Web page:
10. ^ "Biography of Glenn C. Loury" (PDF).{{cite web}}: CS1 maint: url-status (link)
  11. ^ Loury, Glenn Cartman (1976). Essays in the theory of the distribution of income (Thesis). Massachusetts Institute of Technology. hdl:1721.1/27456.
  12. ^ a b Marquard, Bryan (October 2, 2011). "Linda Datcher Loury, 59, pioneer in social economics" – via The Boston Globe.
  13. ^ "'Affirmative Action is Not About Equality. It's About Covering Ass.'". 2019-06-17.
  14. ^ "Harvard Teacher is Free of Charge". The New York Times. 20 August 1987. Retrieved 2009-07-27.
  15. ^ "Harvard Teacher Faces Drug Charges in Boston". The New York Times. 3 December 1987. Retrieved 2020-06-05.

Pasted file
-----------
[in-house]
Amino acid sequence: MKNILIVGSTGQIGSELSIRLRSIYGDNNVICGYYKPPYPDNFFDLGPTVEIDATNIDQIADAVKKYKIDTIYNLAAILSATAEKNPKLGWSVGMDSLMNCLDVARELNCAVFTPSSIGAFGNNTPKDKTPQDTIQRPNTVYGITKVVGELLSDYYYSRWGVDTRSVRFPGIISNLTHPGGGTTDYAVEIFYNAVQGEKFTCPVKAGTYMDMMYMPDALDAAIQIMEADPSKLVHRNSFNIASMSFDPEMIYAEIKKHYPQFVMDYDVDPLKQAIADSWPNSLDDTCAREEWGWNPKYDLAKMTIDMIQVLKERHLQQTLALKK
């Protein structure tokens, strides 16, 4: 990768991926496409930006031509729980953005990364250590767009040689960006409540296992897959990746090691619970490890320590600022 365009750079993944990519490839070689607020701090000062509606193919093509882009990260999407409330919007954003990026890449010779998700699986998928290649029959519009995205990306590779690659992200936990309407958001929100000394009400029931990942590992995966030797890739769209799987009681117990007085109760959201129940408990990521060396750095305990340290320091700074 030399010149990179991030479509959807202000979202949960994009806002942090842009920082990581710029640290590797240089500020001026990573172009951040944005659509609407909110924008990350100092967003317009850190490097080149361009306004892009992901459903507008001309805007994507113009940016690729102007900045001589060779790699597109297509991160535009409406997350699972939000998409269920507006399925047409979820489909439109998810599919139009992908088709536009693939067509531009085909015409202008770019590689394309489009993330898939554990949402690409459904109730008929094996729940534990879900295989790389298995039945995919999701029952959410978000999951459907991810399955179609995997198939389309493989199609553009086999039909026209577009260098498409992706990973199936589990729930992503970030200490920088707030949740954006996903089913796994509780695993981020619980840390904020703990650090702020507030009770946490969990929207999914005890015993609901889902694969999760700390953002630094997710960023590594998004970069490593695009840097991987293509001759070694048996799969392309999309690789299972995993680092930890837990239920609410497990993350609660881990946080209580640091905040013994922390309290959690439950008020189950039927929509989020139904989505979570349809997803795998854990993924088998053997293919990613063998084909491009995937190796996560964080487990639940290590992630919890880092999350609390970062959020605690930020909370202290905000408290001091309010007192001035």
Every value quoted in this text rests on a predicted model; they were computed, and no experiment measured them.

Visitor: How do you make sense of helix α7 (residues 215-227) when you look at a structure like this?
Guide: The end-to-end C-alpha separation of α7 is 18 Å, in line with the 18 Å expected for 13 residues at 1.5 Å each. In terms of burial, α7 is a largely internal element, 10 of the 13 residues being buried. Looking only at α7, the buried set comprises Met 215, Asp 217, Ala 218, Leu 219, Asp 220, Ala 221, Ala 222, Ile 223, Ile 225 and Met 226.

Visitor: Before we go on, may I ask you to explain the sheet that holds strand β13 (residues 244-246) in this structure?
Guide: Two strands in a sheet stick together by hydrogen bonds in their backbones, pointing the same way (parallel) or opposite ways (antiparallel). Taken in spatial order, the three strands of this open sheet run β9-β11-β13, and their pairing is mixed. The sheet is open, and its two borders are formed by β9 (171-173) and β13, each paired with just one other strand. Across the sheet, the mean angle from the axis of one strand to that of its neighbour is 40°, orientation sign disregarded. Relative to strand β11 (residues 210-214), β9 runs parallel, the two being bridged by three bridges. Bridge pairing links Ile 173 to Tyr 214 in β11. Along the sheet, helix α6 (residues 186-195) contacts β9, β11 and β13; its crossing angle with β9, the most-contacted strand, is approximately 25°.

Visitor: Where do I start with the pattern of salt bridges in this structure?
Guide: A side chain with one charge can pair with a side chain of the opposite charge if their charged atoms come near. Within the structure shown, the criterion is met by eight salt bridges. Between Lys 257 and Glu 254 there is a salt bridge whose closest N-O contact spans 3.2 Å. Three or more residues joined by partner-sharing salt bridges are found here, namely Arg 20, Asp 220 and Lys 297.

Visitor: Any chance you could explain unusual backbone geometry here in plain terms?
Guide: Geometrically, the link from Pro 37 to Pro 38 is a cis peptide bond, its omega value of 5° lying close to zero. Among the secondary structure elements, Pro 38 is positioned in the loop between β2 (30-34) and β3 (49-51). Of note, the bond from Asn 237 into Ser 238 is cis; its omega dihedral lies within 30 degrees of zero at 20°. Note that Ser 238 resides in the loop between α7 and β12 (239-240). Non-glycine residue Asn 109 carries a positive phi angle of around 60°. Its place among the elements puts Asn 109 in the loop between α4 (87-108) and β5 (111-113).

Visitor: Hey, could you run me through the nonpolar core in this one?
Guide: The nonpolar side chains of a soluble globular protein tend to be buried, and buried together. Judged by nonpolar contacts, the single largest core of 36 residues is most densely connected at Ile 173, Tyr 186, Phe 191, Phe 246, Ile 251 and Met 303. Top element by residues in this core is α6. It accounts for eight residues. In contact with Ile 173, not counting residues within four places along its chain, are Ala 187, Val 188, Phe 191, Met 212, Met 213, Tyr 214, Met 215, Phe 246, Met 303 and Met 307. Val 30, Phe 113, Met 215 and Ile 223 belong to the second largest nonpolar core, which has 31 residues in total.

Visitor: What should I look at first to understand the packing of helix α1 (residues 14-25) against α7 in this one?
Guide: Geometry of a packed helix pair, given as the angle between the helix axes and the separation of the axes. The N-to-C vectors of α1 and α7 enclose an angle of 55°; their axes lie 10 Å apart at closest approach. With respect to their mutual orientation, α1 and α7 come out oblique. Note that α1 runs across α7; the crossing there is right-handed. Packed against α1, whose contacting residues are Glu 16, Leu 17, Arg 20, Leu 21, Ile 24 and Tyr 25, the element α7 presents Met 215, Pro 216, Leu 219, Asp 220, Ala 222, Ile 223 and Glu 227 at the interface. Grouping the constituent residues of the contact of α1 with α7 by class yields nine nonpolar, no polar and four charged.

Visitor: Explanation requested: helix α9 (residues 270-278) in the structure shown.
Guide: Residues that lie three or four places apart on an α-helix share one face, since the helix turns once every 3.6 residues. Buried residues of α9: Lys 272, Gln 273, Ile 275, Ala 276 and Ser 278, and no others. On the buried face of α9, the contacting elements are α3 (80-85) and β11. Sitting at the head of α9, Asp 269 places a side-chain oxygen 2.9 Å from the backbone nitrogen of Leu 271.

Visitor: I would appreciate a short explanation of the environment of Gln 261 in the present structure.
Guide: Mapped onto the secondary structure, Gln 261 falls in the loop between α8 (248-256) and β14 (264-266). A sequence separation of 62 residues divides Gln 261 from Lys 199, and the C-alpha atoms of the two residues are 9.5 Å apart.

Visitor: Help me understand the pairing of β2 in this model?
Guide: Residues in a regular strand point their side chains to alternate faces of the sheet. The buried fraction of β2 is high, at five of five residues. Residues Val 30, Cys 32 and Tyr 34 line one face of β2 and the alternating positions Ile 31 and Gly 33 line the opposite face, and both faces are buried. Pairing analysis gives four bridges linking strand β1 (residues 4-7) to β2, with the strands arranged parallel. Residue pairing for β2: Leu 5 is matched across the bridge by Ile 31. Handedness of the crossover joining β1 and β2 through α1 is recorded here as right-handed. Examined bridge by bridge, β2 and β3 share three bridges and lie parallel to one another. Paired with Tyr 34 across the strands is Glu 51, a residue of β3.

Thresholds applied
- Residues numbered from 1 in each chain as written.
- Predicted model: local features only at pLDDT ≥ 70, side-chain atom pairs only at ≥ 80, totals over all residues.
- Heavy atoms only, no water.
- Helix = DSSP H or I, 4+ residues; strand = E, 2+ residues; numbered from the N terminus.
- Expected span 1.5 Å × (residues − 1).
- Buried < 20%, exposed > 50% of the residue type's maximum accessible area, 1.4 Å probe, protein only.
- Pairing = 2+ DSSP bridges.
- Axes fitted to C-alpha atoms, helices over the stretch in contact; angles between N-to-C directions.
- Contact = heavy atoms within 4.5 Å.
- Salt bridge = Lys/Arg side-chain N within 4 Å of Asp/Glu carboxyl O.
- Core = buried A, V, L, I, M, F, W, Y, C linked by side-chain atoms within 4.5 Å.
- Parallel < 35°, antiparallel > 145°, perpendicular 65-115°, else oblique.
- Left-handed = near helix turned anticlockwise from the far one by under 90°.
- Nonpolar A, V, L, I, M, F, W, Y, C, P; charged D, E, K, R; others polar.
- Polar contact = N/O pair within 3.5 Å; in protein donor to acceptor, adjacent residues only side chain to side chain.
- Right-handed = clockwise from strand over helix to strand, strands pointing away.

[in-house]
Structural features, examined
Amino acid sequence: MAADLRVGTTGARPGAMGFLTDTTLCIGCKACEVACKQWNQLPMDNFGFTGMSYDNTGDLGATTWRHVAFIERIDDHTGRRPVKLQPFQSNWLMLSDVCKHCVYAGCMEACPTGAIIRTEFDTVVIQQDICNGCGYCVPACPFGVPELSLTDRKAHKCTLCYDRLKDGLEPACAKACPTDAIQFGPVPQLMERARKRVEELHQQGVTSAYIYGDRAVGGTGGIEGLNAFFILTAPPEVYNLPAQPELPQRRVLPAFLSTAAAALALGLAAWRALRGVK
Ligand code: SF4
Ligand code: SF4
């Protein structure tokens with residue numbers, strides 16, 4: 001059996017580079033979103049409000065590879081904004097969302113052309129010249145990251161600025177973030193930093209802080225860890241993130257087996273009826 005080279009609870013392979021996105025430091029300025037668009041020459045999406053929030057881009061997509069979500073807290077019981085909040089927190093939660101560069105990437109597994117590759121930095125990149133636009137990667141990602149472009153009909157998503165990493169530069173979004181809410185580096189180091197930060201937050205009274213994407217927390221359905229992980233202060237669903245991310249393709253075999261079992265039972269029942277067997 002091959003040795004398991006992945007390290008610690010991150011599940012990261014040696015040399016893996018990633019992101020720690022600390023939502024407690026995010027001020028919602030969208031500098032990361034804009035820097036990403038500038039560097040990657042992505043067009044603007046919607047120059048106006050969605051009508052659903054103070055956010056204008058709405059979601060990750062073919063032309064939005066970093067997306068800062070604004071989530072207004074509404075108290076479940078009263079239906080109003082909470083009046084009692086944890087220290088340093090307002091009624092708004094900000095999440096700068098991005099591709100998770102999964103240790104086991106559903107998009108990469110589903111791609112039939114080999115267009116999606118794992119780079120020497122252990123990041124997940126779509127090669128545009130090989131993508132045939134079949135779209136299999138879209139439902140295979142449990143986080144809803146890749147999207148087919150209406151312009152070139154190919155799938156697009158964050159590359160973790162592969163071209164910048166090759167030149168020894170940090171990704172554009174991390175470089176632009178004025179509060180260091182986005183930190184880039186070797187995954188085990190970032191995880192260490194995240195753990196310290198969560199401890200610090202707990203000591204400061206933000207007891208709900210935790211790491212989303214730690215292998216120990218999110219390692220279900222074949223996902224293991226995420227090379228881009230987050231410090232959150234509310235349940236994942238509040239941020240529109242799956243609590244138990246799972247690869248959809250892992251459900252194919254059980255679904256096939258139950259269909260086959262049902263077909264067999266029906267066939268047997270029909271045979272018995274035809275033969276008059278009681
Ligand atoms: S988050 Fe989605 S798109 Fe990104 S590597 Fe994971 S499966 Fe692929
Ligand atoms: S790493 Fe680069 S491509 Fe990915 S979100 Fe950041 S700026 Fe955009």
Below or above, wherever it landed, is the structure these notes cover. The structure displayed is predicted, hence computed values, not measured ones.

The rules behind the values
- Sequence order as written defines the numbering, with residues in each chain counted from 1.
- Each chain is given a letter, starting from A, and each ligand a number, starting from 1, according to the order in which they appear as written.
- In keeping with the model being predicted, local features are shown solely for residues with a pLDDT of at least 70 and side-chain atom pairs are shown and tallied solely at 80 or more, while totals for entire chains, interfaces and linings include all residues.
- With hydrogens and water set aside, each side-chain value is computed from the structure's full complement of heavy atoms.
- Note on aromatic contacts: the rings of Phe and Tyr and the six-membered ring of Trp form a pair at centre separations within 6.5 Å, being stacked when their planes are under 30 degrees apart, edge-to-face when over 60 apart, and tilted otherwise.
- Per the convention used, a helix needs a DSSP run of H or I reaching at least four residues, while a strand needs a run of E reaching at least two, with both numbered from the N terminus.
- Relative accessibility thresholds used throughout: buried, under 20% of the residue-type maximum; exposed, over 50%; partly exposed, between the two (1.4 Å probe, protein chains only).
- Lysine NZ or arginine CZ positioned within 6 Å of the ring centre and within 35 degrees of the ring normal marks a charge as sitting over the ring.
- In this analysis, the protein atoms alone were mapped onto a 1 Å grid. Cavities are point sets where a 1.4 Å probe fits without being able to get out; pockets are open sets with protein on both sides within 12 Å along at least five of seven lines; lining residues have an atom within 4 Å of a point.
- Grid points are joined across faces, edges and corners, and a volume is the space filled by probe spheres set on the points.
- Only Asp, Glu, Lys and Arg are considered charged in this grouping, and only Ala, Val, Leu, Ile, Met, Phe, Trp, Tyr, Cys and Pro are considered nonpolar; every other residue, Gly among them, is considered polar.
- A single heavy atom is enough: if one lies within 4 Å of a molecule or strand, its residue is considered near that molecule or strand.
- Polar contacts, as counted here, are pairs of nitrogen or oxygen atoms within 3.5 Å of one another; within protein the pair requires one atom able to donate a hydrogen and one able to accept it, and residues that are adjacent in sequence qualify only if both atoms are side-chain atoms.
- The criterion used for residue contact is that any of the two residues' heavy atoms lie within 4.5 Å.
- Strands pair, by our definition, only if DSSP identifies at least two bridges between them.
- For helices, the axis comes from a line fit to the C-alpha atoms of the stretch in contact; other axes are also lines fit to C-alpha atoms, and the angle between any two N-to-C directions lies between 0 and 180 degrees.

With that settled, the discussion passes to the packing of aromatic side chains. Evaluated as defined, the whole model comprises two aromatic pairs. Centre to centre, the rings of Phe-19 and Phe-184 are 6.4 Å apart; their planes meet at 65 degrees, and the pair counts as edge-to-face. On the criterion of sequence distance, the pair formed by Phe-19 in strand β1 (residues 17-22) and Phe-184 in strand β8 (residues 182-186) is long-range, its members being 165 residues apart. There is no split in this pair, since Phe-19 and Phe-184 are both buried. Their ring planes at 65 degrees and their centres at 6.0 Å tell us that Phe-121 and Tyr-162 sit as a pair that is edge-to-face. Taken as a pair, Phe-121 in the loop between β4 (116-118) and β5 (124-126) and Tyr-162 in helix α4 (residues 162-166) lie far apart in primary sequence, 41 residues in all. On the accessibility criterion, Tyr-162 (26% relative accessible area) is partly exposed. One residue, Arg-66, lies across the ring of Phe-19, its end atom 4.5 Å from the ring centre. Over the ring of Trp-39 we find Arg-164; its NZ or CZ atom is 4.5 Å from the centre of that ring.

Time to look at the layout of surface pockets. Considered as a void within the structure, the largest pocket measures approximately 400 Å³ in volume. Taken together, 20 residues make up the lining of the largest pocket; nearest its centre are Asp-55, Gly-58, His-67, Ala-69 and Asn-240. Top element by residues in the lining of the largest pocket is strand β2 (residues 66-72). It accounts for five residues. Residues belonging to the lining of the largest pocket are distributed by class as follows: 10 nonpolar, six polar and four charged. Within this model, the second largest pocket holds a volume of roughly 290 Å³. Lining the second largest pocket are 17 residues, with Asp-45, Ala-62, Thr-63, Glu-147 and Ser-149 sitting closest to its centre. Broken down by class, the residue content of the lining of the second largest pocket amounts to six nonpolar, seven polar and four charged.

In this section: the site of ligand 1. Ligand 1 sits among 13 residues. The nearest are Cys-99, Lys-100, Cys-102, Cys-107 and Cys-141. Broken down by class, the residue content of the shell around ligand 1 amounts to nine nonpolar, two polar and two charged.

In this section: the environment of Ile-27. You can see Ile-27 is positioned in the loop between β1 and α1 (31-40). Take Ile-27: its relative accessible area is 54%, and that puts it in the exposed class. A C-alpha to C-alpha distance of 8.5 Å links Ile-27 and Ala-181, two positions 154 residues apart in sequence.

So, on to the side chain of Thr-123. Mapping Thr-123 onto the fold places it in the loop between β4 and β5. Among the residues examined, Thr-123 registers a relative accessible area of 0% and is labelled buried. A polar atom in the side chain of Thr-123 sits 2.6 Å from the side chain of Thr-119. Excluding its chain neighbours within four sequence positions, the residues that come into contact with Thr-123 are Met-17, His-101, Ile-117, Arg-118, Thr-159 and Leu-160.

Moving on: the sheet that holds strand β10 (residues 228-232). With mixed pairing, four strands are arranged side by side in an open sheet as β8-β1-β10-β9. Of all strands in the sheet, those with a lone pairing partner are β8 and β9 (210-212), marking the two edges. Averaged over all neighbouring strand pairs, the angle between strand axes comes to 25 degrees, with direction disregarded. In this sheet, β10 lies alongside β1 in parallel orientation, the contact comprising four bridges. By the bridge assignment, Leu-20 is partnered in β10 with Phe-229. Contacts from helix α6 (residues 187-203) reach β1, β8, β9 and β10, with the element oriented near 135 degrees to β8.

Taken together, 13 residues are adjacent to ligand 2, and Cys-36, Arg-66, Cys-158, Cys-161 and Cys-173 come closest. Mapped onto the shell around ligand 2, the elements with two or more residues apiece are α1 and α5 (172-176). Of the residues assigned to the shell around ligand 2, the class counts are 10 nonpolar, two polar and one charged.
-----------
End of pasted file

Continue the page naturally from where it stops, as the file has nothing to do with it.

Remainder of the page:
16. ^ "Glenn Loury, Brown University Population Studies and Training Center".
  17. ^ Loury, Glenn (March 4, 2021). "A Formula for Tyranny and More Racism". City Journal. Retrieved March 13, 2021.
  18. ^ "Unspeakable Truths About Racial Inequality in America".
  19. ^ "Fellows of the Econometric Society 1950 to 2019". The Econometric Society. Retrieved 2020-05-16.
  20. ^ "Glenn C. Loury". American Academy of Arts & Sciences. Retrieved 2020-05-16.
  21. ^ "APS Member History". Retrieved 2020-05-16.
  22. ^ "I Must Object".
  23. ^ "The Glenn Show". Retrieved 2020-09-26.
  24. ^ "Chronicling the Race." The Glenn Show from 2020. See last two minutes of video.

External links[edit]